Here are the results of a survey of 1,044 people in the UK asking whether the UK government should carry out air strikes against ISIS in Syria. The exact question wording was as follows:
“Should the UK Government carry out air strikes against ISIS in Syria?”
All answers were gathered between 13:52 & 19:40 on Wednesday 2nd, December 2015, at the time the motion was being discussed in Parliament. Below are the overall results, followed by splits by Gender, Age, and Region.
There were 1,044 responses. Unweighted the results came at 43.3% against air strikes, 30.0% in favour, 26.7% undecided.
The weighted responses (778 demographic profiles available) came out as follows:
- The result was statistically significant. “No” in answer to the question “Should the UK Government carry out air strikes against ISIS in Syria?”
- Further breakdown:
- Women were more likely to say “No” than men (42.1% women; 39.6% men)
- Older age groups were more likely to say “Yes” than younger groups.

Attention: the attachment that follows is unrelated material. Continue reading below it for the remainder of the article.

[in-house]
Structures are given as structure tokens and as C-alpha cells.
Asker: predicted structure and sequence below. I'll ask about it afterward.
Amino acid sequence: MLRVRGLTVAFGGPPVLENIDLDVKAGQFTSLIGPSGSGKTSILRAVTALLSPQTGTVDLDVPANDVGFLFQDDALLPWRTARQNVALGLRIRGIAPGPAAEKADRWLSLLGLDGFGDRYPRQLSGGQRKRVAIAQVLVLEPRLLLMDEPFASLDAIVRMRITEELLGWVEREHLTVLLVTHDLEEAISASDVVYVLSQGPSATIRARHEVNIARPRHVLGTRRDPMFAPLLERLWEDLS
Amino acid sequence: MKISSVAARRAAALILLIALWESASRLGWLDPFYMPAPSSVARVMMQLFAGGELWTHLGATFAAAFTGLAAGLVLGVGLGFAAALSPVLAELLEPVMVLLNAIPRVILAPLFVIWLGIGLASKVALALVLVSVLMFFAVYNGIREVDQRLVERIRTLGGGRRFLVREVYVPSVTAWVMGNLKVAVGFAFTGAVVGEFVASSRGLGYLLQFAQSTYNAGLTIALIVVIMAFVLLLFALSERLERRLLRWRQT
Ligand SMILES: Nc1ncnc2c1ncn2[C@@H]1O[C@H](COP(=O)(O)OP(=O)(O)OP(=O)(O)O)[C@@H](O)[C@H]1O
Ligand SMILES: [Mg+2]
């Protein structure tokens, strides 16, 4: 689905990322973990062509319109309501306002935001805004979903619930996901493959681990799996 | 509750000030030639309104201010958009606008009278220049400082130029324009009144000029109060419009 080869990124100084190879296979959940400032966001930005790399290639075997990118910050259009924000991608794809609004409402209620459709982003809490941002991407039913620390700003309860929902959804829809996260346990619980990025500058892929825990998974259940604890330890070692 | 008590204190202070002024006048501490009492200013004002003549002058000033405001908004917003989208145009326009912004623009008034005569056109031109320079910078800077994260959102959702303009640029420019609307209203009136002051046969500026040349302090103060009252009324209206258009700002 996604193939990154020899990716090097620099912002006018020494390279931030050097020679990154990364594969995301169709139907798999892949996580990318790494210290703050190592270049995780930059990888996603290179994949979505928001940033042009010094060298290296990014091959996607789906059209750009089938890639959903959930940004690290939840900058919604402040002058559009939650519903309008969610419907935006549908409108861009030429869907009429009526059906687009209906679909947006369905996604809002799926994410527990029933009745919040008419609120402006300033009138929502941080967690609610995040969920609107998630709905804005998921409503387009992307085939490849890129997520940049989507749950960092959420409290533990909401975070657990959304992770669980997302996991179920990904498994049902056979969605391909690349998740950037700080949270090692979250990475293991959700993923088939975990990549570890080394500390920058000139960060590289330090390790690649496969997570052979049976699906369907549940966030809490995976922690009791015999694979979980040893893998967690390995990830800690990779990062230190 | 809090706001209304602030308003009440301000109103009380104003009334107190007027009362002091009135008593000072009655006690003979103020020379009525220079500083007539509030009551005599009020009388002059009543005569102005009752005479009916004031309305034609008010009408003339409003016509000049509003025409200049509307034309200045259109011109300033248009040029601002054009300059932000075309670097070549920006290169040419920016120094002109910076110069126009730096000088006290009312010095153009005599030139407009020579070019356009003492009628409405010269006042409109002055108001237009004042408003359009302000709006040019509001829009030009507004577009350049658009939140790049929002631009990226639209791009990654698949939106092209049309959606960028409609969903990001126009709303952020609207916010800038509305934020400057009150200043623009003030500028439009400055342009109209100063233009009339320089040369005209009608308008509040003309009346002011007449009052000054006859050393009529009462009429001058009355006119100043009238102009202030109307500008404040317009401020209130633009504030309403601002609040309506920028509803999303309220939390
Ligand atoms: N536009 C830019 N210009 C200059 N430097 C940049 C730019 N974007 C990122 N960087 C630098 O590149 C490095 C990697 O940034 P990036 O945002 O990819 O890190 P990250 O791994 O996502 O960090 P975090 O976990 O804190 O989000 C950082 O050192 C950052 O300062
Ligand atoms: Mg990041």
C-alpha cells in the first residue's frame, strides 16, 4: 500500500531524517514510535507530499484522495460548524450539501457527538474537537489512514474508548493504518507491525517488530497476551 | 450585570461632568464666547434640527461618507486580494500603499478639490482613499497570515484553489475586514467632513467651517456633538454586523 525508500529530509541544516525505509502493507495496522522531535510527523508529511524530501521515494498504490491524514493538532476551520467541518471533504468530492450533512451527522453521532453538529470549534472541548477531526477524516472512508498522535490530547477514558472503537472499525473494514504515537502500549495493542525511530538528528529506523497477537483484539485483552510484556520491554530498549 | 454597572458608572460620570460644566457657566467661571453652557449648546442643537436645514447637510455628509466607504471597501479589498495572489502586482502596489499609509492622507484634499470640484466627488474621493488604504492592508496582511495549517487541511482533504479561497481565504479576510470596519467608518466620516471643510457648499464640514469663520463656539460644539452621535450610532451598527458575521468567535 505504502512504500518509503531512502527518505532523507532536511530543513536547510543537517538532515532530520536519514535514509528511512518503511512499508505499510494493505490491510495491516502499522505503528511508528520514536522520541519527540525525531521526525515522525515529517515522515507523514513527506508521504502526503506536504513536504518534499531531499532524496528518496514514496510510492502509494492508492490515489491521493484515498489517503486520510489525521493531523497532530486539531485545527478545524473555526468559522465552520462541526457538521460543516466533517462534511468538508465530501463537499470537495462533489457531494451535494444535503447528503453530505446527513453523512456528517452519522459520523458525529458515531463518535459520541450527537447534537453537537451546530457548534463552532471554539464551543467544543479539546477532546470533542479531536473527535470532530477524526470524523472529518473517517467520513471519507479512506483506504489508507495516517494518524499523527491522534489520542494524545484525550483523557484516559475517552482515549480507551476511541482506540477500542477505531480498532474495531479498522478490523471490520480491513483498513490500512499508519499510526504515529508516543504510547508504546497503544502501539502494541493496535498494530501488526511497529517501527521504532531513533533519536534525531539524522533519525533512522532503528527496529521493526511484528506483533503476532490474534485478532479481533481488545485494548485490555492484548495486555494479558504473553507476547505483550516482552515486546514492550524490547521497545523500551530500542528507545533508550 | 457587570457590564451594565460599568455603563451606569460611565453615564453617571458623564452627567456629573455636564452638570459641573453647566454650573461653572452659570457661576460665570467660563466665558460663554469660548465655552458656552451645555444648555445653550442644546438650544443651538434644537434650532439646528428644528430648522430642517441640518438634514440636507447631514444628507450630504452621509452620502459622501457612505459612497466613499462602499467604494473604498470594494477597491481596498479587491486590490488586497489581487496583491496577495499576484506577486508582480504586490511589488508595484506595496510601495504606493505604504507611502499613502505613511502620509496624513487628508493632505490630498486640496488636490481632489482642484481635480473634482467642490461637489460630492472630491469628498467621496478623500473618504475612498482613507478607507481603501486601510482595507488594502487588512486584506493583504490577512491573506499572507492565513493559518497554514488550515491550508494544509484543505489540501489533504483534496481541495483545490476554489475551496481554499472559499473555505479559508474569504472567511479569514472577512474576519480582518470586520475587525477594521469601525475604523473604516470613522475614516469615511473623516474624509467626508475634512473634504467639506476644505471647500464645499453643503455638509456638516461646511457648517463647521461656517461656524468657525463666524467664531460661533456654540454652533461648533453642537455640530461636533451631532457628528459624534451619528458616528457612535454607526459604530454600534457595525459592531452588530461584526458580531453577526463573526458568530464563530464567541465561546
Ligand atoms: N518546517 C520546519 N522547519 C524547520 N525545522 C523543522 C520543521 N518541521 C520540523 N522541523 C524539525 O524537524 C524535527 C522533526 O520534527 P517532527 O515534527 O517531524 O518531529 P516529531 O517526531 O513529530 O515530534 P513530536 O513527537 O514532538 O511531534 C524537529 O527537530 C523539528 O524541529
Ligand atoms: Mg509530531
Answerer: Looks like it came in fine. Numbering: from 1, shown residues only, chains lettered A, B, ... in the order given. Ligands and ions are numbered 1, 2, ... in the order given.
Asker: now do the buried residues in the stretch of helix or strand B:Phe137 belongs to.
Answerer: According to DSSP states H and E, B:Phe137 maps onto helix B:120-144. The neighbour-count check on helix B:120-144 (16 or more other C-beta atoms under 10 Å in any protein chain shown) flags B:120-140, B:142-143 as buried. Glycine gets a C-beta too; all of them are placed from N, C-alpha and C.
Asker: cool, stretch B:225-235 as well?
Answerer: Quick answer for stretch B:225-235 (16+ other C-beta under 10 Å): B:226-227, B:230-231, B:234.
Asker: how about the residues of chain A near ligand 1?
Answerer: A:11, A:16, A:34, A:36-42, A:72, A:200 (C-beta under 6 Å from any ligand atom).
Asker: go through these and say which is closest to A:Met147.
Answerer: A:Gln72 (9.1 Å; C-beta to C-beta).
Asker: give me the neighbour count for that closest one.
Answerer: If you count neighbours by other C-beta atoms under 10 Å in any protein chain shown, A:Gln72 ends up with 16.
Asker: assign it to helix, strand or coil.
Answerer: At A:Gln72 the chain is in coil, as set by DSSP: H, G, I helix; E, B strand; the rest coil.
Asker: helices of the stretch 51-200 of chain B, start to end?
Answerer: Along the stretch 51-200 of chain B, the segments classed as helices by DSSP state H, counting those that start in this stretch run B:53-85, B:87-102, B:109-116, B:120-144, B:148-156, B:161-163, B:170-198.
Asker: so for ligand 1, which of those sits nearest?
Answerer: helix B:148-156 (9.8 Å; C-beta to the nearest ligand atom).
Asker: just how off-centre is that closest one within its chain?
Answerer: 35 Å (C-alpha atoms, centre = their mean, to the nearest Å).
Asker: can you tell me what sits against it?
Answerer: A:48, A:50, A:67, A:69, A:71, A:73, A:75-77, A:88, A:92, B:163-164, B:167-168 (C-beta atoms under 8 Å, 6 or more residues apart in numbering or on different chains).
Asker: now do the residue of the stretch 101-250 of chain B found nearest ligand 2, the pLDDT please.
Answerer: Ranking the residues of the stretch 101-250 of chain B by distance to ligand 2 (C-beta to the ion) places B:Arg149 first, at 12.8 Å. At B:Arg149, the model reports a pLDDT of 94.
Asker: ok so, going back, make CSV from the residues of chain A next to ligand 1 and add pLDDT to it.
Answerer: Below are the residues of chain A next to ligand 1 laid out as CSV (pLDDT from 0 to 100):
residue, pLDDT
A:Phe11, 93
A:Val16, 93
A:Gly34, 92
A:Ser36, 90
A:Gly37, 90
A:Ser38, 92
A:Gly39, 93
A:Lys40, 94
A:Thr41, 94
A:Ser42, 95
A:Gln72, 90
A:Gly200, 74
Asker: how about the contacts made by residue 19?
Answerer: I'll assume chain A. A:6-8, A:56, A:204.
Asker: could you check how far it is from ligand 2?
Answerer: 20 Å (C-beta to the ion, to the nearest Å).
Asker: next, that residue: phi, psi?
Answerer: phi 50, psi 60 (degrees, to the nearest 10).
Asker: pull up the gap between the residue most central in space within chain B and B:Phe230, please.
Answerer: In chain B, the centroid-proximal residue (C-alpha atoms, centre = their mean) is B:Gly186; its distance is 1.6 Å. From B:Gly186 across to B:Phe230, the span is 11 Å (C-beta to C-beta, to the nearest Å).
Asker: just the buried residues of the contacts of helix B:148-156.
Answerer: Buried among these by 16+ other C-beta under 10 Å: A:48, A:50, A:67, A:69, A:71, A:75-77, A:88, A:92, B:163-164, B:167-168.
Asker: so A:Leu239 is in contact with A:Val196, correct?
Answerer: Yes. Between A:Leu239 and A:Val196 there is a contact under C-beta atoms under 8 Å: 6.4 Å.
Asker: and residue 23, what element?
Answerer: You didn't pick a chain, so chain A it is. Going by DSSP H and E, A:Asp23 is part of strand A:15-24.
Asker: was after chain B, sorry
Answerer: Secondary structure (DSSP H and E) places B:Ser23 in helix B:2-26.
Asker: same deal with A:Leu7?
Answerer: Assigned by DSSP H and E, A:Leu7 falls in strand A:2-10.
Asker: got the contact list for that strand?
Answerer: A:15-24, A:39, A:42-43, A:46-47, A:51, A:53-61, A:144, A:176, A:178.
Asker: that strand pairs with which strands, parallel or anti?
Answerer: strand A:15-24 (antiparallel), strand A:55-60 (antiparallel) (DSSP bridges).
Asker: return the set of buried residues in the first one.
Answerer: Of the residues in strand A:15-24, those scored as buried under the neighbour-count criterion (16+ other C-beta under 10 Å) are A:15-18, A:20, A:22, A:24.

Results by Gender
Below are results split by male / female responses.
Results by Age Range
Below are responses split by age group.
18-24 Age Group
25-34 Age Group
35-44 Age Group
45-54 Age Group
55-64 Age Group
65+ Age Group
Results by Region
(note: Just 32 responses from Wales, so not enough to judge. Included for completeness)
(note: Just 14 responses from Northern Ireland, so not enough to judge. Included for completeness)
About the Data
Here’s the sampling bias that was used for weighting (vs the Internet Population of the UK)
All data was gathered by asking the question of UK internet users, between 2pm and 8pm on 2nd December 2015. Users were browsing a mixture of news sites, reference sites, mobile apps, and other general interest websites. As with all polling, there are many caveats on this data, I do not list these in there entirety, but feel free to ask if you are intested.
I fund all polling myself. Do share this post if you find it useful. Feel free to ask any further questions, or follow me on Twitter (@danbarker) if you find this of interest.